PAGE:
In general, "exact change" policies are legal.
The Coinage Act of 1965, specifically Section 31 U.S.C. 5103, entitled "Legal tender," ... states: "United States coins and currency (including Federal reserve notes and circulating notes of Federal reserve banks and national banks) are legal tender for all debts, public charges, taxes, and dues."
This statute means that all United States money as identified above are a valid and legal offer of payment for debts when tendered to a creditor. There is, however, no Federal statute mandating that a private business, a person or an organization must accept currency or coins as for payment for goods and/or services. Private businesses are free to develop their own policies on whether or not to accept cash unless there is a State law which says otherwise. For example, a bus line may prohibit payment of fares in pennies or dollar bills. In addition, movie theaters, convenience stores and gas stations may refuse to accept large denomination currency (usually notes above $20) as a matter of policy.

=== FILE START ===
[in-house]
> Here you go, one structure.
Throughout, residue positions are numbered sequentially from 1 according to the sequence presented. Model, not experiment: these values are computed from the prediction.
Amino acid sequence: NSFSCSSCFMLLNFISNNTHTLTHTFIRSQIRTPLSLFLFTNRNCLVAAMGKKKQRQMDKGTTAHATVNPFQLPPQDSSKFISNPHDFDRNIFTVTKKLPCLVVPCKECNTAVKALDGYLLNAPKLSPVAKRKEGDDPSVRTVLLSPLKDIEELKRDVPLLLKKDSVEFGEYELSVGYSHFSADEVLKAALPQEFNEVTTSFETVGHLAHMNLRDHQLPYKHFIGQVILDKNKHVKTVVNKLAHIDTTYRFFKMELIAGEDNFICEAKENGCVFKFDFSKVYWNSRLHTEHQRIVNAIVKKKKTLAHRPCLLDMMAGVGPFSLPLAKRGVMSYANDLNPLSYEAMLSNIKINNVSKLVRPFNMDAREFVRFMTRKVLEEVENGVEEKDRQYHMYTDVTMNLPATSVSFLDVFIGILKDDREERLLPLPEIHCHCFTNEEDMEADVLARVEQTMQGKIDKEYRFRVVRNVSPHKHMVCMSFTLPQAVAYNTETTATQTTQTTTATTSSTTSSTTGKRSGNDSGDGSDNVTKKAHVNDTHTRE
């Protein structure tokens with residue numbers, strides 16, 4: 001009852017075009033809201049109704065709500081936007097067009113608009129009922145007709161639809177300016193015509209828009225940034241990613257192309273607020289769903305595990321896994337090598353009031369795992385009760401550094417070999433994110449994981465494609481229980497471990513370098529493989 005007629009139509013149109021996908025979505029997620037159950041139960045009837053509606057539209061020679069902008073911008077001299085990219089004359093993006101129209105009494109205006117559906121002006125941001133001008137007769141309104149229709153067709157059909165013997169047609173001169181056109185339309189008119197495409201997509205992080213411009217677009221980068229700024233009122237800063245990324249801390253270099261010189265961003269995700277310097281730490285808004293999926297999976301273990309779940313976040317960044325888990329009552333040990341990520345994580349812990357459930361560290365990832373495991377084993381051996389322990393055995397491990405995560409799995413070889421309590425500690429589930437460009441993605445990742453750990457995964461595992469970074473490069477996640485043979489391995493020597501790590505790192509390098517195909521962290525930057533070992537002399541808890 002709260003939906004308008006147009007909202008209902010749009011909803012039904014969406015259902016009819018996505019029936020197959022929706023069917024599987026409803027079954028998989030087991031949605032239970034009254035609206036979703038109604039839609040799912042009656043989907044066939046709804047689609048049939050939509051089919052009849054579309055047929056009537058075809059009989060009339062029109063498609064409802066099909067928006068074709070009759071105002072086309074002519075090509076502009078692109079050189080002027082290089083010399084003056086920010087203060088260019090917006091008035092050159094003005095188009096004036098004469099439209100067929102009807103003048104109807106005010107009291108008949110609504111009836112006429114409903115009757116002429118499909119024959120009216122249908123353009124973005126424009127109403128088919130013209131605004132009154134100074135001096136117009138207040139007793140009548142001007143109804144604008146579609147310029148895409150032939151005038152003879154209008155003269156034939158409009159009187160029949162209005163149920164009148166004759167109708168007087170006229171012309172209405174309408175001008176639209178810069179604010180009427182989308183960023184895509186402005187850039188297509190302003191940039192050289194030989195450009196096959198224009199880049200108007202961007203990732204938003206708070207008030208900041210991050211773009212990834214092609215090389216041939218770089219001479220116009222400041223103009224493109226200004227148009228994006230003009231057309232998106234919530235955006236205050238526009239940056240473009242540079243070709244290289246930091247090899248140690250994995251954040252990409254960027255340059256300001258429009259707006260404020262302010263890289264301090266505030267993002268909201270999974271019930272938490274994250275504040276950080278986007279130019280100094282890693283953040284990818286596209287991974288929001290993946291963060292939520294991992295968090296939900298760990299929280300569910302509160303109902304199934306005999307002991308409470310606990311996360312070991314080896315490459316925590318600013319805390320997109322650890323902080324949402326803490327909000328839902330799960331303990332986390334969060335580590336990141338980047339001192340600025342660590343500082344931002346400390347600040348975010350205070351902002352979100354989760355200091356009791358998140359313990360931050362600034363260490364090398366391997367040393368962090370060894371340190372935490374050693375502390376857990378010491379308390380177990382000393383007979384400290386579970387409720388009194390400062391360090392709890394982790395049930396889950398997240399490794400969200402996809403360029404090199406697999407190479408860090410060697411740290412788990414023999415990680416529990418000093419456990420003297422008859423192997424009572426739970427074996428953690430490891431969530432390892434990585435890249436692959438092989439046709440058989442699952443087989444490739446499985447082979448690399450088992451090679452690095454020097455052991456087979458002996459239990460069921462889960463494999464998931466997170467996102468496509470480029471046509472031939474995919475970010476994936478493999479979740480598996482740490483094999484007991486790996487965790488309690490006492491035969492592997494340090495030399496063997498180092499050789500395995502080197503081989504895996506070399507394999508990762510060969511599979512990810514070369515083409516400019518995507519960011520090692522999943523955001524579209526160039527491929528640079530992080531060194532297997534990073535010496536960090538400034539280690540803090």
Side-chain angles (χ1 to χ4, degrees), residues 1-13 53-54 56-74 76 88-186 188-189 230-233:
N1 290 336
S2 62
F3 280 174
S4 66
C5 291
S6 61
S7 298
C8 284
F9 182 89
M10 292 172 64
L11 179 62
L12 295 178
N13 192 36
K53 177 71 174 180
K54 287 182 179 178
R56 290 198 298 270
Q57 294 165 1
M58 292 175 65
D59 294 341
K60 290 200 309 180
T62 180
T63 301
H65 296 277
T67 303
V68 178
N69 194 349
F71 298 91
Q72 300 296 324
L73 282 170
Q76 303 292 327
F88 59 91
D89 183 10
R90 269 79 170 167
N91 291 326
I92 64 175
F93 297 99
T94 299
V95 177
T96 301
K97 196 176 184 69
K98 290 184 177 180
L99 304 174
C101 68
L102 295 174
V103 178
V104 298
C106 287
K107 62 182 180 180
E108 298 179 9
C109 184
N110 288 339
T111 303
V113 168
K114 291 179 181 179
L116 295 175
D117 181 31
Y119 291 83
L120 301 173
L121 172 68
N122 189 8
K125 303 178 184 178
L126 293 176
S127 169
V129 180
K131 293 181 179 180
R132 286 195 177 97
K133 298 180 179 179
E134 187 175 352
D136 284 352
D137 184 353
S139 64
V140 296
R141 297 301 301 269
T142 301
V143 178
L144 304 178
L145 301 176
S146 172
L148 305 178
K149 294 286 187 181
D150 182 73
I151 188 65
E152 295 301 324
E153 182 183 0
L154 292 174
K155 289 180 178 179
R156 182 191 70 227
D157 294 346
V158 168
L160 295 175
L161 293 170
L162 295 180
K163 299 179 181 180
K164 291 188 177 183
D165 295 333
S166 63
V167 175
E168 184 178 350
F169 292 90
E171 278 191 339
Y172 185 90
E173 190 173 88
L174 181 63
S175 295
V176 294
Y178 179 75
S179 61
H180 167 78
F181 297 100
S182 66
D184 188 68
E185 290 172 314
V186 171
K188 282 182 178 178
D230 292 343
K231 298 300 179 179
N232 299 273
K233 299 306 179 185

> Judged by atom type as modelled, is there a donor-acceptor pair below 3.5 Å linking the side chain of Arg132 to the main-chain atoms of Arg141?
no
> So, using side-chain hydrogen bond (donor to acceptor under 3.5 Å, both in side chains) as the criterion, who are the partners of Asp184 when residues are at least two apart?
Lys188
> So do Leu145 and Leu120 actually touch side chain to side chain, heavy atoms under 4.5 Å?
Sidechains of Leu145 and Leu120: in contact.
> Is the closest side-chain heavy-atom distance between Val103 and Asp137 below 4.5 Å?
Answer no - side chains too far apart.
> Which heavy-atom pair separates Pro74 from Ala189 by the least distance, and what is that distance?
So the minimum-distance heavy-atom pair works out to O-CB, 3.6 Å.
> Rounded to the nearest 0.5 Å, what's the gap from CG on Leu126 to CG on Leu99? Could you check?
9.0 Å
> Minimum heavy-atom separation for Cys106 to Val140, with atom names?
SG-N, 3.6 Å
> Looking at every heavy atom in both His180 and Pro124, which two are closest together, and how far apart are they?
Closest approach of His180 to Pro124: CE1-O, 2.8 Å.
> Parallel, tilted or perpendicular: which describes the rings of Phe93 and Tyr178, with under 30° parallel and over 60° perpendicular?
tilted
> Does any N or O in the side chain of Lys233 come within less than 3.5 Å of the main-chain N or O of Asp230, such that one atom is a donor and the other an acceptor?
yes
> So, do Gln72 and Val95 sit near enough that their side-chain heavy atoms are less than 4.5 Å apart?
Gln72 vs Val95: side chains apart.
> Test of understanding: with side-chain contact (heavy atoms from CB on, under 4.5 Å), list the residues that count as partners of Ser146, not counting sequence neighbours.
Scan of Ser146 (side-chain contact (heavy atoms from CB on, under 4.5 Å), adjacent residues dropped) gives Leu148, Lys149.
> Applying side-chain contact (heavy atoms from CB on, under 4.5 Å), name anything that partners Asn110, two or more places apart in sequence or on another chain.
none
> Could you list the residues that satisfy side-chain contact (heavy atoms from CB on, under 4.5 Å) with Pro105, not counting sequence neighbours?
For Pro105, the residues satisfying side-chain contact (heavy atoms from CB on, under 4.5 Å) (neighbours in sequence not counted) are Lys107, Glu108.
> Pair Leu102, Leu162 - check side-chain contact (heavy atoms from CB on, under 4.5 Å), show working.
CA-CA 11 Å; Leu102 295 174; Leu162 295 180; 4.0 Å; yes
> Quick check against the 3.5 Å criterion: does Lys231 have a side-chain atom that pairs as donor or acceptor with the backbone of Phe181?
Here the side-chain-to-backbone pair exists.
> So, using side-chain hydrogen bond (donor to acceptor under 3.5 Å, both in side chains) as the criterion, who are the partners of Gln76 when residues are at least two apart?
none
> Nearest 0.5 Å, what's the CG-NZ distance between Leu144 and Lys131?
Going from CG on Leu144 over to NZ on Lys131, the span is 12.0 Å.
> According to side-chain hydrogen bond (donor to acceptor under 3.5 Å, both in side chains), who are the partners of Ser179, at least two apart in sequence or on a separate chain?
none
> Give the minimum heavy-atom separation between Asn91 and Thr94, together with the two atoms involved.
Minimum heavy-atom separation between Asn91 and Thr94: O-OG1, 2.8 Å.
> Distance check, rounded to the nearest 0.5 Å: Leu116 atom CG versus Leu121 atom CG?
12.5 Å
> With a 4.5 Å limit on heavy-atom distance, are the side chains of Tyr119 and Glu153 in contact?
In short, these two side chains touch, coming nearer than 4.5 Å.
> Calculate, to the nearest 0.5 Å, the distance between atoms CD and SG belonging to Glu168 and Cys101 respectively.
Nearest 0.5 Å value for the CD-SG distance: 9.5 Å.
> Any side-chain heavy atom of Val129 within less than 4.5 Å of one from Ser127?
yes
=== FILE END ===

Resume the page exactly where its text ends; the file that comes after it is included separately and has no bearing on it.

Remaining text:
But in practice doesn't this mean that "exact change" policies can only be enforced when payment is required before a good or service is provided? Because I can incur a debt in most commercial situations. E.g.:
I drive into a parking garage that lists rates on a sign that also warns, "Exact change required." Later when I go to leave I am asked for exact change at the exit. I say, "Well, I don't have exact change, but I do owe you money for parking here. Federal law says I can satisfy this debt with legal tender. So start counting the pennies, or just let me out!"
I go into a store that says, "No bills larger than $20 accepted." While shopping I drink a soda and eat a few snacks. I go to check out and all I have is a $100 bill. Once again I say, "All I have is this $100 bill. I am in debt to you for the food I've already consumed, and this bill is legal tender for satisfaction of that debt. Either make change or thank you for the free snack."
I get in a taxi, enjoy a meal in a restaurant, etc. All of these are paid after the service has been consumed. Are they not then debts that must be discharged if I offer legal tender?